2. A personal memory my mother recently shared with me (again) sums up my approach to risk-taking: As a baby, my brother would crawl to the edge of the bed and keep on going, like a cartoon character, until he hit the floor; whereas I would crawl slowly to the edge of the bed, feel for the edge to make sure I knew where it was, and then back up.
  3. I recently bought myself a small bouquet of two roses, some weed-like yellow flowers, and a leafy sprig.  The deciding factor, however, was a feathery thing that’s painted a sparkling purple, which may or may not be a branch from something or other.
  4. The thing I will miss most about my current office—if and when I finally move into my new office—is the unfinished wall, which faces the other room, thus leaving a very large expanse of “cork board” for me to pin things to—I use it so much I had to add another layer of real cork board on hinges.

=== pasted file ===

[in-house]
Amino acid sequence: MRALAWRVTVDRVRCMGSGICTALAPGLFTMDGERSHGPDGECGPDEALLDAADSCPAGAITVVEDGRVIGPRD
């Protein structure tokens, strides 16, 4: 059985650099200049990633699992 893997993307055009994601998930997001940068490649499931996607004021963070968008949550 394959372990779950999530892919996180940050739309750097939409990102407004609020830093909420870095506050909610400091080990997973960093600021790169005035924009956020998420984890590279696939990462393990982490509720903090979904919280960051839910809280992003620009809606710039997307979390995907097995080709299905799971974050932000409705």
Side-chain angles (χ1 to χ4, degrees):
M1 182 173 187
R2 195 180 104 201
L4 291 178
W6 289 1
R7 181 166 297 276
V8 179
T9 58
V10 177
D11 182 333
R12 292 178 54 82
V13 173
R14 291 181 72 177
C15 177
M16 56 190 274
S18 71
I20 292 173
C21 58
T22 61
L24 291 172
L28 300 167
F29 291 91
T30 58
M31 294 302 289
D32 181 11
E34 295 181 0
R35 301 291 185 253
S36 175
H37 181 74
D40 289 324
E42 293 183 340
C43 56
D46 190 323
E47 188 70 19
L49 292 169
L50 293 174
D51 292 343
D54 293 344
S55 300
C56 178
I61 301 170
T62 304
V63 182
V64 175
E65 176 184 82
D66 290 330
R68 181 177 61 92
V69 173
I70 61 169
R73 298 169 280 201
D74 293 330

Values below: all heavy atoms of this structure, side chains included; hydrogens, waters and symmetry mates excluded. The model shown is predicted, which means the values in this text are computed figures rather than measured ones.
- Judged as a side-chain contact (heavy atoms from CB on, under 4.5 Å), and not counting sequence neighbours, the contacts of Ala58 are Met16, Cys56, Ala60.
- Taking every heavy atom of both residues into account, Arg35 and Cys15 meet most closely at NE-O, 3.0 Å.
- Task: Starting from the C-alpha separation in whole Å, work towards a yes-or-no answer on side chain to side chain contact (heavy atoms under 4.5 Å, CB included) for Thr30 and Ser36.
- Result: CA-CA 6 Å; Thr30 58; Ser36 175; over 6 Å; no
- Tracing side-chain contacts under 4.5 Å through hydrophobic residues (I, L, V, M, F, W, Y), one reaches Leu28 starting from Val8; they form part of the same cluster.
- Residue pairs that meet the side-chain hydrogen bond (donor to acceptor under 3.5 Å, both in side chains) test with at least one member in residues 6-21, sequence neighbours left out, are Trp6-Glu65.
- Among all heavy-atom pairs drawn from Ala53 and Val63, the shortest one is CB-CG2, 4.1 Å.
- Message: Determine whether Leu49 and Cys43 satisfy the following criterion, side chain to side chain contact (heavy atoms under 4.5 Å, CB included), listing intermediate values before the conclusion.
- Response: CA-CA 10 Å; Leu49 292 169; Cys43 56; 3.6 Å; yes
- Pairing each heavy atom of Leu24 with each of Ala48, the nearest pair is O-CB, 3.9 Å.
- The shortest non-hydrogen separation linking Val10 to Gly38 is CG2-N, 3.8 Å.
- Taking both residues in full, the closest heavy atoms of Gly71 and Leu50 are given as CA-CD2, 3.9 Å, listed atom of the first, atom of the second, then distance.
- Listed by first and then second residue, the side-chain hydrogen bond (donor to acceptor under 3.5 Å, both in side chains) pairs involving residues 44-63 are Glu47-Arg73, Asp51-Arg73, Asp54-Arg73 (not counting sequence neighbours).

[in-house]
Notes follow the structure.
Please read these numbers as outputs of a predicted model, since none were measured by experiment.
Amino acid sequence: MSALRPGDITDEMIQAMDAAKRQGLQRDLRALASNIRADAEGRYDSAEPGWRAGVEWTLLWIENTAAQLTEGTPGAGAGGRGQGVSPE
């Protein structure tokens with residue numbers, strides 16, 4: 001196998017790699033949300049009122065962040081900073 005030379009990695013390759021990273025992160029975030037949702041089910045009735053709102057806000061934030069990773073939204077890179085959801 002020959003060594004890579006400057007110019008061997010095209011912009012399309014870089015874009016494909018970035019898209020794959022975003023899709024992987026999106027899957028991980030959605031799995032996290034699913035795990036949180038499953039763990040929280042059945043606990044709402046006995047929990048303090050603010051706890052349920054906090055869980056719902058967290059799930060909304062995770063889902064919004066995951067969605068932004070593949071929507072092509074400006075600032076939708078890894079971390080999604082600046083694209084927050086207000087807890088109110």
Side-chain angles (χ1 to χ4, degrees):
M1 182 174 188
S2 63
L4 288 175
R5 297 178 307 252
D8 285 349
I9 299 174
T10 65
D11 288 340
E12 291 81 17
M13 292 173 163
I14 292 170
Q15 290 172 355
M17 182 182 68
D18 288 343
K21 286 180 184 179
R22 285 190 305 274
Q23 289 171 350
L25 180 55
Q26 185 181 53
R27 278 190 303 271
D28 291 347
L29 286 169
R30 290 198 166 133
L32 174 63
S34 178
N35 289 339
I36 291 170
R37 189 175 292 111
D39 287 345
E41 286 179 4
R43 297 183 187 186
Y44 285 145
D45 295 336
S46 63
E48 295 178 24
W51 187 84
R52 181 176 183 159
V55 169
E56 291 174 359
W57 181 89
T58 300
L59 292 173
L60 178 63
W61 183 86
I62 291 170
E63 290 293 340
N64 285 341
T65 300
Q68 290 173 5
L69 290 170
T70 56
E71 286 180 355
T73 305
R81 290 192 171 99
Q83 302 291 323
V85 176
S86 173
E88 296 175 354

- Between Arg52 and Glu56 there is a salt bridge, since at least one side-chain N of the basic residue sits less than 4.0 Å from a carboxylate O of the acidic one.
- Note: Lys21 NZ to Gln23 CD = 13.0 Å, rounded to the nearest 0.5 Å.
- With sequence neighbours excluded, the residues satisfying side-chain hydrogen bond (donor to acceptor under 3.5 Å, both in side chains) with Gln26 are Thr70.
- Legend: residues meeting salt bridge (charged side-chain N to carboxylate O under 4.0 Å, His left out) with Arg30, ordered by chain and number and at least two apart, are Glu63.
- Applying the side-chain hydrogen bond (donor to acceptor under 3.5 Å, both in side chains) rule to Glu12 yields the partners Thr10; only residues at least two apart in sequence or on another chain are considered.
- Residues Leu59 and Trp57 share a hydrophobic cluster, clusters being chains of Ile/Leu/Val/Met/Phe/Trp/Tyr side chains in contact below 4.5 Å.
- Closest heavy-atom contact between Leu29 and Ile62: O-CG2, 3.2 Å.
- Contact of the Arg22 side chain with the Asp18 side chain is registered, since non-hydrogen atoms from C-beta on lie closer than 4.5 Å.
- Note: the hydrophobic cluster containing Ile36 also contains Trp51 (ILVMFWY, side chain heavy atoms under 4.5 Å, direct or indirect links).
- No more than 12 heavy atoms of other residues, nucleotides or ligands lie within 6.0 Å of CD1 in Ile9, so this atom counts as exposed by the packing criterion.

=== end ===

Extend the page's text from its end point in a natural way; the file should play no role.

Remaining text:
5. The thing I will miss least about my current office is—surprisingly not the leaky wall in the other room that’s making me sick—the over-abundance of insect life that gets in here and attracts an overabundance of spiders.  Luckily, I’ve seen very little evidence of insect life in my new office—not to mention no leaking walls to make me sick.
  6. Despite passing College Algebra with a solid A and being adept at making functional spreadsheets to compute rather complex business equations, I still have to stop and think really hard to do simple mathematical equations in my head, so my husband calculates how much to leave for a tip whenever possible.
  7. Speaking of an overabundance of spiders, there are no less than five visible spiders competing for the insects attracted to the lamp casting light over my computer.  ~shivers~